Employers should allow staff to work flexibly and have a relaxed dress code during this week’s UK heatwave, the Trades Union Congress (TUC) has said.
Temperatures are set to top 35C and TUC general secretary Frances O’Grady said: “It’s in bosses’ interests to provide a cool and comfortable work environment.”
The TUC wants people to be able to travel at different times or work from home and wear more casual clothing.
It adds staff should have breaks often and cold drinks should be available.
Ms O’Grady added: “While many of us love to see the sun, it’s no fun working in a baking office or a stifling factory.
“Bosses should do all they can to keep the temperature down. Nobody should be made to suffer in the heat for the sake of keeping up appearances.
“Workers who are unable to dress down in lighter clothing, or who work in offices without air-conditioning, fans or drinking water, are going to be tired, and lack inspiration and creativity.”
There are no laws in the UK about when it is too hot to work, but the TUC would like that to change.
It wants the introduction of a new maximum indoor temperature, set at 30 degrees – or 27 degrees for those doing strenuous jobs – with employers obliged to adopt cooling measures when the workplace temperature hits 24 degrees.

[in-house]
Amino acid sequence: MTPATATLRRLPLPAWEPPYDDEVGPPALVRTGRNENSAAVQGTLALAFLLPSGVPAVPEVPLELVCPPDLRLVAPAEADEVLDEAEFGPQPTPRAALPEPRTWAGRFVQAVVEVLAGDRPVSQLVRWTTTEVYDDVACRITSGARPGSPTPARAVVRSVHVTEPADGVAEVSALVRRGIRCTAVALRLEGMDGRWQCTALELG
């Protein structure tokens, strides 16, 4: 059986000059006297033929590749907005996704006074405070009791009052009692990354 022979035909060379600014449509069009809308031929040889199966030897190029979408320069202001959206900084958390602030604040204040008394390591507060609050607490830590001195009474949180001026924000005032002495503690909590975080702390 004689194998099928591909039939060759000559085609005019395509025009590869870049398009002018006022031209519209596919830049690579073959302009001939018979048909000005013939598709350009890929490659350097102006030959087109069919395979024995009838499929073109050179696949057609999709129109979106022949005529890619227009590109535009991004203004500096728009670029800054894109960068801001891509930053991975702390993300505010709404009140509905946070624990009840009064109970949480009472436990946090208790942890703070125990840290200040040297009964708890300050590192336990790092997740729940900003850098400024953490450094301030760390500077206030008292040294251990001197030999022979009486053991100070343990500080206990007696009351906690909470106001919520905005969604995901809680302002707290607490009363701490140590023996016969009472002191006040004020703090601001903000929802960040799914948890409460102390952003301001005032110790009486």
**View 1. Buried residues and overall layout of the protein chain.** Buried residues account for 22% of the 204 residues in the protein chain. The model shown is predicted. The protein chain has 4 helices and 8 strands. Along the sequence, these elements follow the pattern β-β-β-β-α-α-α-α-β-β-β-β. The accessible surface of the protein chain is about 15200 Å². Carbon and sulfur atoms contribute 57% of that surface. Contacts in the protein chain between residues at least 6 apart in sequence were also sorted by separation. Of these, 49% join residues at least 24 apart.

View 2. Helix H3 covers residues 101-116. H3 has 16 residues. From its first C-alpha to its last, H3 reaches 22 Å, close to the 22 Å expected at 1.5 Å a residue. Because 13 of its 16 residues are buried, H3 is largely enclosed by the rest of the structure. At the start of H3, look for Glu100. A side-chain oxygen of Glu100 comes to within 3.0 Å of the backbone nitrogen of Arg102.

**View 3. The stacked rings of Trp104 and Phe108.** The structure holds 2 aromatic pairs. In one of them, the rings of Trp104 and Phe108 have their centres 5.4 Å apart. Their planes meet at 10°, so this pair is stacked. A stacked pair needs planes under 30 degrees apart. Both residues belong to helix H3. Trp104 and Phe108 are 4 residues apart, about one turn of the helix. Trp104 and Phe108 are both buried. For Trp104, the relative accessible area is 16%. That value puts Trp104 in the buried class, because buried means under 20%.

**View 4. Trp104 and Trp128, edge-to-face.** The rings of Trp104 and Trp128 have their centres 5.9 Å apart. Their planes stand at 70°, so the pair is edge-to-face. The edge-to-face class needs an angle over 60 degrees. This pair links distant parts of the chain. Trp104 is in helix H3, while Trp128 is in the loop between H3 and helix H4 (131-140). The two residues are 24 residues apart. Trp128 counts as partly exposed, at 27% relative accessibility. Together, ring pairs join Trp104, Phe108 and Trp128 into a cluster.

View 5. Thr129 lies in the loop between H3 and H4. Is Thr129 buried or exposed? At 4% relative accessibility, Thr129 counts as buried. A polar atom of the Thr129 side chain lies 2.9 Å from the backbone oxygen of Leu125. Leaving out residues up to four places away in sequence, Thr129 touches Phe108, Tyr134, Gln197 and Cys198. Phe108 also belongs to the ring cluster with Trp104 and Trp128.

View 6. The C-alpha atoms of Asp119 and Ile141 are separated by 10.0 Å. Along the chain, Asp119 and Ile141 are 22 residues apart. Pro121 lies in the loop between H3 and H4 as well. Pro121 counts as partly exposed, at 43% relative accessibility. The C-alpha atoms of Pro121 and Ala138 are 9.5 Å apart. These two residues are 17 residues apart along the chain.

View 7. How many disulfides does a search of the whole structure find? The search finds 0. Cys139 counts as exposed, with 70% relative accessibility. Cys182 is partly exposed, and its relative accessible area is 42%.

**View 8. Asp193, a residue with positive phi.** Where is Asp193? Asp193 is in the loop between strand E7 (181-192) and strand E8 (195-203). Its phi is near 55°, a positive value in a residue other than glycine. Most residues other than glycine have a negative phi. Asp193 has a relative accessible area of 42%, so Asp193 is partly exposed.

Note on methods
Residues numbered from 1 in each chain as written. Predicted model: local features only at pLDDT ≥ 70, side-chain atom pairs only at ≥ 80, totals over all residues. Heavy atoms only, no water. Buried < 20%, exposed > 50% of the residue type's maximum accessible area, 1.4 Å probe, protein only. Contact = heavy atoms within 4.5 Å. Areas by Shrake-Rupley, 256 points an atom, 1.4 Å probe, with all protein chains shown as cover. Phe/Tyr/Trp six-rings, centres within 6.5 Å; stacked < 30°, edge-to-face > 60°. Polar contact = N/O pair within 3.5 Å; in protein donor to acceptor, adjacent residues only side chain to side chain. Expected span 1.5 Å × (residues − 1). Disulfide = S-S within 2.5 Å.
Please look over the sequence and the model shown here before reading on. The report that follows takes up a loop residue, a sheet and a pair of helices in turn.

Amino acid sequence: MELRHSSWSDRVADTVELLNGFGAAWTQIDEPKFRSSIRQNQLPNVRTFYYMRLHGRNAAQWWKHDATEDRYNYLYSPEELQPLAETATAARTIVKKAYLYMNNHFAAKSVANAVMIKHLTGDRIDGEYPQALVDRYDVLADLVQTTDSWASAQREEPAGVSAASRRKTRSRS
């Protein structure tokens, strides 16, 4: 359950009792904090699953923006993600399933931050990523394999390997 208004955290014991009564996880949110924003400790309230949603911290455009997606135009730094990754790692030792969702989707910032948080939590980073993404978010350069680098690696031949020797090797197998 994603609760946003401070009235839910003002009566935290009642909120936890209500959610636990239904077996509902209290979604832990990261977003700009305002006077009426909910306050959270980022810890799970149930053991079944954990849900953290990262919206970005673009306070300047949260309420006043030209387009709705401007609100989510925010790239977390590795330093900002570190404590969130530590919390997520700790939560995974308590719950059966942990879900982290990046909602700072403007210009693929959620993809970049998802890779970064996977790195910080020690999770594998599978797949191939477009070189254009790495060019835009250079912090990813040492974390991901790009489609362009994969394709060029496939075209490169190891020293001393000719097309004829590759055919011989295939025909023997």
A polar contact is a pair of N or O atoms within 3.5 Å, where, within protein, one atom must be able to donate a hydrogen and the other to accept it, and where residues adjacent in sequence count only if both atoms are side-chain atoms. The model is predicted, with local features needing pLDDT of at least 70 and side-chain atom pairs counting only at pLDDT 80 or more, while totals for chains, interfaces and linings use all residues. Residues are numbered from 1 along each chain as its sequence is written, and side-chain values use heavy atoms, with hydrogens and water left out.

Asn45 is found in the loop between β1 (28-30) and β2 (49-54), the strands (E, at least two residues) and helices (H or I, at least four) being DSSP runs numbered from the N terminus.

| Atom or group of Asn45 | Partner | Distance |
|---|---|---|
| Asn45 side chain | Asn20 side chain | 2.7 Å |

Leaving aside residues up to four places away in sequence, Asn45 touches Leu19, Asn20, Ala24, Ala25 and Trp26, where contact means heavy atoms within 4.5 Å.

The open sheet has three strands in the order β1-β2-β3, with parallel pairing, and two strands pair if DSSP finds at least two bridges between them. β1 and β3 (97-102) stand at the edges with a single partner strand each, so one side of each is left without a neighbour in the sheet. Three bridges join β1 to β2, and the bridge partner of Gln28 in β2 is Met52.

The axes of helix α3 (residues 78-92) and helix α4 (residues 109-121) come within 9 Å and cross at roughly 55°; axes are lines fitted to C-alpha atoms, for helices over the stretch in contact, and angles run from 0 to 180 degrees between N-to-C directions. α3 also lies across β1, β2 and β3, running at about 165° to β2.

Fitting in with your peers
Despite the TUC’s call for staff to be allowed to dress more casually, is this practical in all workplaces?
It very much depends on the organisation where you work, says H&M Group behavioural psychologist Prof Carolyn Mair.
Vest tops and skimpy dresses may be fine for more progressive industries such as technology, but not appropriate for traditional financial services firms, she says.
People wear certain clothes as a way of fitting in with their peers, and as a way of signalling that they identify with the aims of colleagues, she says.
“What we wear is very much a part of our identity,” Ms Mair says. “It’s a way of saying: ‘We expect you to behave in a certain way.'”
But dress codes can be seen as a form of social control, she says.
“The idea is to create uniform behaviour, as well as a uniform look.”
That kind of flexibility isn’t always possible, says employment lawyer Vanessa Bell, a partner at Prettys Solicitors.
She warns that health and safety always comes first, pointing out that a building site, for example, is likely to insist on protective footwear.
An office is more flexible, but she warns that “employees need to be aware of the dress code or they risk being disciplined”.
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